Tecumseh series 1 carb viewed from above (#1). The idle adjustment needle (green), idle speed screw (blue), and primer tube (red) are visible, as well as the governor - throttle link and the choke lever.
Carb bowl and bowl nut viewed from the bottom (#2). The step in the bottom of the bowl should be positioned parallel to the float hinge rod shown in the next photo, with the deeper area away from the hinge. The small dimple in the deeper side of the bowl is there to help prevent the float from sticking to the bottom of the bowl.
The float and hinge rod viewed from the bottom (#3). After removing the bowl gasket, the hinge rod can be slid out to either side and the float and inlet needle lifted out.
With the carb inverted, the free end of the float should rest 11/64 inch from the body of the carb (#4). To adjust, bend the tang on which the needle sits (#7).
The bowl nut and main jet needle are assembled in the order shown (#5. The initial setting of the needle is 1 1/2 turns out from lightly seated.
Close-up view of the bowl nut (#6). The larger hole on the side of the nut is the main fuel pickup. The smaller hole is the idle fuel transfer port. The hole within the center of the nut is the main jet. These passages in the bowl nut are the most common source of trouble in the carb. They must be free of debris, gum or varnish.
The inlet needle is attached to the float with a spring clip (#7). When assembled, the straight end of the clip should point toward the air intake side (choke side) of the carb. Check the float for leaks by shaking it. If you hear liquid sloshing around inside it, replace it. The float may also become crushed by water in the bowl freezing in cold weather.
This carb uses a replaceable rubber seat for the inlet needle (float needle) (#8). The seat is inserted with the grooved side facing inward. Any debris or wear on the needle or seat will cause a poor seal resulting in a high fuel level in the bowl. This may lead to a rich running condition, flooding, or after a time the crankcase can fill with fuel. If your oil level seems high and/or is thin and smells like gas, you probably have a bad float, needle or seat.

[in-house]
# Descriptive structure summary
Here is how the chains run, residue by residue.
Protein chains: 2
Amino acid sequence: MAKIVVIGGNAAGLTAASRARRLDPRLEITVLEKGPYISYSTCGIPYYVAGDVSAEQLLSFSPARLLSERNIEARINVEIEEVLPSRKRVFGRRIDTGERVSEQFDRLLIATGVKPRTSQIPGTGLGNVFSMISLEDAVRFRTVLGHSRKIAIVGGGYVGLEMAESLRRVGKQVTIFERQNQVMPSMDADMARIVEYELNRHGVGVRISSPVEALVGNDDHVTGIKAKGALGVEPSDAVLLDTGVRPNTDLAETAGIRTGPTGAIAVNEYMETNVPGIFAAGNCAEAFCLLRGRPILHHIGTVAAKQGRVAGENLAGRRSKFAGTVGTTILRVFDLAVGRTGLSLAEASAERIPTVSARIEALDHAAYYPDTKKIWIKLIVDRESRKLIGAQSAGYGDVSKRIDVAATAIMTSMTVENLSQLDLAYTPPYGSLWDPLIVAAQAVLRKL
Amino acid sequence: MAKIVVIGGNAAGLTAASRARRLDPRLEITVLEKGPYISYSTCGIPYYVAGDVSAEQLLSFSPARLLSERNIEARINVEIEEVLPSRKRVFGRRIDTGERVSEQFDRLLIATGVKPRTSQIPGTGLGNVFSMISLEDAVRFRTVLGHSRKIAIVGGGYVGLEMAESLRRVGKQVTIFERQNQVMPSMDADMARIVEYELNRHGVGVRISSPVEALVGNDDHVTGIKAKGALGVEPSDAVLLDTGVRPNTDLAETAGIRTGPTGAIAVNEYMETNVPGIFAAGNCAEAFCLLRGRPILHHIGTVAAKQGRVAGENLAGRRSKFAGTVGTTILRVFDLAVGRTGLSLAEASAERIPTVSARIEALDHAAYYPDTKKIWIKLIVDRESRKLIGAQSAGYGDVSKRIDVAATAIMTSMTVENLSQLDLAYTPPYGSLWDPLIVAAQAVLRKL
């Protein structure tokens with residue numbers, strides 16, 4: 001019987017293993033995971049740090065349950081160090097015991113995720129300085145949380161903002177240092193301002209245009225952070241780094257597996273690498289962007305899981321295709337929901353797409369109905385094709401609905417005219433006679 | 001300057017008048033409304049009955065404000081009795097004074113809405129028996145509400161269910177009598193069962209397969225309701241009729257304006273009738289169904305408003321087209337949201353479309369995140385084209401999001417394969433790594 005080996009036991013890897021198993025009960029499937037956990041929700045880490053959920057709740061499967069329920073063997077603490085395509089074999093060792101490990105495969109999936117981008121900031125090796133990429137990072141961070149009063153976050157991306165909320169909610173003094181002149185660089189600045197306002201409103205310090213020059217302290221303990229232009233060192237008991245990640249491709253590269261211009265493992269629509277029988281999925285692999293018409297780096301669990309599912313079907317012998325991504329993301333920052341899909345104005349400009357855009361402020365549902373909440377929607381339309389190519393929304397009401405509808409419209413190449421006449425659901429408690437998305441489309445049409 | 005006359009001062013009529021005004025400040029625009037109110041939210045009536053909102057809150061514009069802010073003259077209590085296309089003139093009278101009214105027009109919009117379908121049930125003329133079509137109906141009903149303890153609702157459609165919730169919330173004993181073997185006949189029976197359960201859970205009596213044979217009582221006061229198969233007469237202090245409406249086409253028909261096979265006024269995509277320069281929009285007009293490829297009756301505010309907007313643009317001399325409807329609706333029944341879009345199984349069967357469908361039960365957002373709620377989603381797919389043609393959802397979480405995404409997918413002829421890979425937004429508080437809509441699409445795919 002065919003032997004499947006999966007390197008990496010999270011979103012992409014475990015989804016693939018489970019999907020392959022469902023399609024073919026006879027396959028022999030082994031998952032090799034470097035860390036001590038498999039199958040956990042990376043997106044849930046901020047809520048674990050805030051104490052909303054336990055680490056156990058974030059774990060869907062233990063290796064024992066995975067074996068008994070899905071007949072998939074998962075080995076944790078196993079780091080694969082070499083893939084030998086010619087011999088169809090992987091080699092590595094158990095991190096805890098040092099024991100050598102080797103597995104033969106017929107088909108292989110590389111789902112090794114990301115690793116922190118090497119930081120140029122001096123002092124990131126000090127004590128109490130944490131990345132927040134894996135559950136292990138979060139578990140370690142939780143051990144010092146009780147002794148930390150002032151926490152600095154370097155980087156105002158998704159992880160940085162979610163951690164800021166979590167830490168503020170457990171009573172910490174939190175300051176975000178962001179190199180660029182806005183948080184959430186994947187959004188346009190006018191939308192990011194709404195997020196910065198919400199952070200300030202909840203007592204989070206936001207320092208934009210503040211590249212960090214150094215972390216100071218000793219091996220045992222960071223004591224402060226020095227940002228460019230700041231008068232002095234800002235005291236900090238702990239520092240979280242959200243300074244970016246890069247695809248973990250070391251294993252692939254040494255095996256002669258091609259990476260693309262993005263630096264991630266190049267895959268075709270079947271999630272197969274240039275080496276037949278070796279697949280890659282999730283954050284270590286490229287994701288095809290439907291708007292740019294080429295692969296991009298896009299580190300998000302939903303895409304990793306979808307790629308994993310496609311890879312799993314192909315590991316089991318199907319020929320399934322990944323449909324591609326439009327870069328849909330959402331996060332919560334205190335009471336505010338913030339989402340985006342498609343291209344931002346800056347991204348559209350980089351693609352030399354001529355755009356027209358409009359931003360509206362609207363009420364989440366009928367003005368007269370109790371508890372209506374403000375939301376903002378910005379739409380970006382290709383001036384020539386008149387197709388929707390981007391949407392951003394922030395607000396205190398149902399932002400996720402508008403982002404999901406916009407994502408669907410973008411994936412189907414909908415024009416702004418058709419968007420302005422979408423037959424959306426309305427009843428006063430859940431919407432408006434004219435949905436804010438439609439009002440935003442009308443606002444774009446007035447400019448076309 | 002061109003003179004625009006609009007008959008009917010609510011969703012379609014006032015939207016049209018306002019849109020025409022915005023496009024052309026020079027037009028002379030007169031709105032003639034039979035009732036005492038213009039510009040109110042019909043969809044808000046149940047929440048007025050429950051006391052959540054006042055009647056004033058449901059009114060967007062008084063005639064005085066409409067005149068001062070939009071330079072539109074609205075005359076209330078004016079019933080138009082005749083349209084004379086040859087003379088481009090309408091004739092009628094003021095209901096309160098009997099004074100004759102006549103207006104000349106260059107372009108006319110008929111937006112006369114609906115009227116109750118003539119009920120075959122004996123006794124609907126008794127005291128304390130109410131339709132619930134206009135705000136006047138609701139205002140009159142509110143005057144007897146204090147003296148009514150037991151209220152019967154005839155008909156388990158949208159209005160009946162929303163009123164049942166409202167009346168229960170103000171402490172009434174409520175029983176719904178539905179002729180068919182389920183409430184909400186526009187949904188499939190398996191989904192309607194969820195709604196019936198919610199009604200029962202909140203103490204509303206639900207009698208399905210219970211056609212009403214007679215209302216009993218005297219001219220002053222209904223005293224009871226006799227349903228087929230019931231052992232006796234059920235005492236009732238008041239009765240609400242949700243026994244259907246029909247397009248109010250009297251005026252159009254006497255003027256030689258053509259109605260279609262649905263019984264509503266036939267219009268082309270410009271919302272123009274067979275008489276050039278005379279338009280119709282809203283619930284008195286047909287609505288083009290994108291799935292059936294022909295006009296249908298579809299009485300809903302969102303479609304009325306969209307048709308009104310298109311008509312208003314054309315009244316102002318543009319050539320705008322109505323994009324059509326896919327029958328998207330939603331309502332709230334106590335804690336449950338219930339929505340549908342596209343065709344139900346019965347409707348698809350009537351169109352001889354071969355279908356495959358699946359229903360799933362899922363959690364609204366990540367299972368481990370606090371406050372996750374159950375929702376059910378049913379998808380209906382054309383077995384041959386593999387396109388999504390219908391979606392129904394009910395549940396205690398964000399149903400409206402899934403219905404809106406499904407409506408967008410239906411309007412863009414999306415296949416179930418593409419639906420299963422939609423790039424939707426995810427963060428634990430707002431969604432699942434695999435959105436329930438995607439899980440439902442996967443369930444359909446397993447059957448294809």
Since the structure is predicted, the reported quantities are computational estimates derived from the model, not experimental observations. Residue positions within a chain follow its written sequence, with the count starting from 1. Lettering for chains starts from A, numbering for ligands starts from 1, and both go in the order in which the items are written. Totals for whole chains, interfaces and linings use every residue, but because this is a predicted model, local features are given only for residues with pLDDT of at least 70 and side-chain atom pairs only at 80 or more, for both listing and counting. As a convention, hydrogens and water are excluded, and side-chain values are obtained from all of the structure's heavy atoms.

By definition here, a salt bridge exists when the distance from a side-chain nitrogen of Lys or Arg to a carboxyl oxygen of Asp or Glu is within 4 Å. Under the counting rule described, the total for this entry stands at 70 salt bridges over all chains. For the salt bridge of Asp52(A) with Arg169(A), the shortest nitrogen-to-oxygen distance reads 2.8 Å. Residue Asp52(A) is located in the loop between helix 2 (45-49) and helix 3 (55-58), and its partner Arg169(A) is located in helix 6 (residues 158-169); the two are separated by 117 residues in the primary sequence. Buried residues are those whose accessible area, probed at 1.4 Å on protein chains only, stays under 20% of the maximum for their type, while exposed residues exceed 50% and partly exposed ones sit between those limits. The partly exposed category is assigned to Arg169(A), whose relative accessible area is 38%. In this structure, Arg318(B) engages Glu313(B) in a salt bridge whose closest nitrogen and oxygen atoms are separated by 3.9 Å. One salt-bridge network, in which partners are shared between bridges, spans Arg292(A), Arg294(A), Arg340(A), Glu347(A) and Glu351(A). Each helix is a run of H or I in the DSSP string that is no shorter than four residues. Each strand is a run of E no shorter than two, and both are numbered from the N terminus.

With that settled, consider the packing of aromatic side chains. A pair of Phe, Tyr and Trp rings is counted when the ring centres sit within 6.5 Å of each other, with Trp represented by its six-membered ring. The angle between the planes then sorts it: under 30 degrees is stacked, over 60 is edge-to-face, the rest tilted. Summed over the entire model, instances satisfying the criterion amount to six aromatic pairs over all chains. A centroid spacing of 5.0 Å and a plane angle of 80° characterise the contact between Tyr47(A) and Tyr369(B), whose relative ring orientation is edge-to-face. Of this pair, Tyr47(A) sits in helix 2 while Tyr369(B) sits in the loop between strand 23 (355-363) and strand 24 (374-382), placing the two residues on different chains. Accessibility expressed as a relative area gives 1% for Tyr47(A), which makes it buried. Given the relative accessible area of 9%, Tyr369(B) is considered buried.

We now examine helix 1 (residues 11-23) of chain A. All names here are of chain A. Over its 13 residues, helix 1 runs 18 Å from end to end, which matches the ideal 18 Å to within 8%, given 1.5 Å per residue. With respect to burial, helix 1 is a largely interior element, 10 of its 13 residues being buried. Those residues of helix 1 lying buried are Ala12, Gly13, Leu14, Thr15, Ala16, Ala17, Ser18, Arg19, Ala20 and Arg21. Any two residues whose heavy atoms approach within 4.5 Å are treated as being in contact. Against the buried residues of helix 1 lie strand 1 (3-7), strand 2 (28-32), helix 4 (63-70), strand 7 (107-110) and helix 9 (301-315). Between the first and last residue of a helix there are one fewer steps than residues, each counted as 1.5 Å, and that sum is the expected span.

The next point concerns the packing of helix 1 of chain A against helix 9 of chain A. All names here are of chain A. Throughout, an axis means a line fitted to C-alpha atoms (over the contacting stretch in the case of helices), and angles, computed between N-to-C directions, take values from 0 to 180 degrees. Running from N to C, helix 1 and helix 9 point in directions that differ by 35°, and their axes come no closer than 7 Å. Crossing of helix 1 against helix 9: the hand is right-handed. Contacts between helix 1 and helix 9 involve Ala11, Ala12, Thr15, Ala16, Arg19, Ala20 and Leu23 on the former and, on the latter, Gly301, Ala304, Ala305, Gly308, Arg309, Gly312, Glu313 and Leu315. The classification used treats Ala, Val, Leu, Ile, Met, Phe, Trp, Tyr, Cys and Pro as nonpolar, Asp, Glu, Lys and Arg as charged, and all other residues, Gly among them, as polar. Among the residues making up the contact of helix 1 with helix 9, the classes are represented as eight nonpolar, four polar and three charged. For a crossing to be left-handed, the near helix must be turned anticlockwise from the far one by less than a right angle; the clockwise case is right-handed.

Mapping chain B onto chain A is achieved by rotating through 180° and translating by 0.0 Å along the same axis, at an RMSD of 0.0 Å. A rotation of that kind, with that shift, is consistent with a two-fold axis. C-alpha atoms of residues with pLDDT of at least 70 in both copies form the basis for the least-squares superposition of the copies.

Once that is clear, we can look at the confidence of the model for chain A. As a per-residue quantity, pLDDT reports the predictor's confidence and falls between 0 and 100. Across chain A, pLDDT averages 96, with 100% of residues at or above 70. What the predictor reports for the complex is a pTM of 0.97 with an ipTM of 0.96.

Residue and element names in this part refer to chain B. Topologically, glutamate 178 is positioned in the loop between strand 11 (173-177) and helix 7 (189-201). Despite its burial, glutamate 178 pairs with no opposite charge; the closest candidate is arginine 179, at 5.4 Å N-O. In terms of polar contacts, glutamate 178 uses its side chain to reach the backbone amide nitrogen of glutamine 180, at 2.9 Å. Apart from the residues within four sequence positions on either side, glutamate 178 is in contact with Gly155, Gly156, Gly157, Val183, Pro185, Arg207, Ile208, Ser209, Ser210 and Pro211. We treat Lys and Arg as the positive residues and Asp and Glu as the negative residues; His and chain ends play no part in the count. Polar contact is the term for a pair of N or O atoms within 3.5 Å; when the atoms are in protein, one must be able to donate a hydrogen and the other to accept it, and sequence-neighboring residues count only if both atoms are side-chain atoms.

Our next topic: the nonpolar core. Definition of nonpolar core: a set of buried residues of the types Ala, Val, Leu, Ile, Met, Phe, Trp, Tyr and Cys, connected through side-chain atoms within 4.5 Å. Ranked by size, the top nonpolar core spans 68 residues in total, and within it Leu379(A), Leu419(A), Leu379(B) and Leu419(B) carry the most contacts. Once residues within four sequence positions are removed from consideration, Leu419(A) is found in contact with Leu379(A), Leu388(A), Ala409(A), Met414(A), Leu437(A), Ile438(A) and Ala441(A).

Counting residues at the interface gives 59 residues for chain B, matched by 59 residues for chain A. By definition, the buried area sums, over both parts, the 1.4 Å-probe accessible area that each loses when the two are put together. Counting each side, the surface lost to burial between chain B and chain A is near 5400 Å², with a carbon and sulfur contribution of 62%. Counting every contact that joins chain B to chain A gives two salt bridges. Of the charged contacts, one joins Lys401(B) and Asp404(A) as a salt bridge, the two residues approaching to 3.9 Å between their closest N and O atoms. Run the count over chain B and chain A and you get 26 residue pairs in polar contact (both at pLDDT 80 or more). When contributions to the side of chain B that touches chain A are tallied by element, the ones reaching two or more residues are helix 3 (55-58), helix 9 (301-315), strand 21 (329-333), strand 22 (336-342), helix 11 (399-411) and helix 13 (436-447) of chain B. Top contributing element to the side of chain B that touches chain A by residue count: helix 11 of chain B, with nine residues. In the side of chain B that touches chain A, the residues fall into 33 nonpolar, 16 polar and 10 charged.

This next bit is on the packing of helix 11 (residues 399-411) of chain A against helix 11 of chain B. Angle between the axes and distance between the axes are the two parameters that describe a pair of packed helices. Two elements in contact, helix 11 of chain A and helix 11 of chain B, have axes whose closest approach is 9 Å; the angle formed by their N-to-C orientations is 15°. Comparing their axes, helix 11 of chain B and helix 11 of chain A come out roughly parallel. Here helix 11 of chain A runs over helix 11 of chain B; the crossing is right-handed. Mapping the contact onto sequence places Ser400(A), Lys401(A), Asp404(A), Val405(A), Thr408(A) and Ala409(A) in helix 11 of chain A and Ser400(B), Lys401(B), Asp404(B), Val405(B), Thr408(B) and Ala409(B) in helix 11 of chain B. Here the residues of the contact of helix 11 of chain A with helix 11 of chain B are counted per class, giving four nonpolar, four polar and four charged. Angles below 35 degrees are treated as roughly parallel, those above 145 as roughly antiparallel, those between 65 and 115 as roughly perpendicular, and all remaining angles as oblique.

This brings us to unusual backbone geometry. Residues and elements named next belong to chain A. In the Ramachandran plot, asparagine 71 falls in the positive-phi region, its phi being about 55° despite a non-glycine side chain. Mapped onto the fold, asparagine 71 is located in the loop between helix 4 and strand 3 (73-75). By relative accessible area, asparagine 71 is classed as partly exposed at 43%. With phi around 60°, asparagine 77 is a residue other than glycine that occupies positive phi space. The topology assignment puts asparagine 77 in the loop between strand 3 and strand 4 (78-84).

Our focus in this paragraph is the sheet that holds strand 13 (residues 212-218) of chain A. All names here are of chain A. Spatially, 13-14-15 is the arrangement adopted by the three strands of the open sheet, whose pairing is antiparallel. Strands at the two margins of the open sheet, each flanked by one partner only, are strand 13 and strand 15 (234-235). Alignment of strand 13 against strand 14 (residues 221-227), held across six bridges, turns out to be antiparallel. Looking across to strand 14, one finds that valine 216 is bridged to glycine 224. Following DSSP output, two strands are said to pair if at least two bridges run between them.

A ball plug (#9) indicates where the idle fuel pickup hole was drilled through into the inside diameter of the center leg.
#10 shows the idle fuel pickup hole within the center leg.
A cutaway view of a typical idle fuel pickup hole within the center leg (#11). Fuel for the low-speed circuit comes through the bowl nut idle fuel transfer hole (#6), through this hole, and on to the progression holes in #13. When this hole is clogged the engine might not run at low speed and may surge at high speed. Shooting carb cleaner into the hole from which the low-speed jet was removed should result in a stream squirting out this hole.
The brass main nozzle in the center of the center leg is pressed into place on this carb and is not removable (#12).
The throttle plate is installed with the scribe mark facing outward and in the 12 o'clock position for 2-7 HP engines, 3 o'clock position for 8-17 HP engines (#13). The low-speed progression holes are shown toward the right.
#14 shows how the throttle return spring is hooked into place.
#15 shows the Welch plug (blue) covering the idle mixing well, idle mixture screw (yellow), external vent (red) and the primer tube fitting (green).
Idle mixture screw, spring, washer, seal (#16). The idle screw preset is 1 turn out from seated.
Choke plate installed with the flat edge and open section down, hole toward fuel inlet (#17).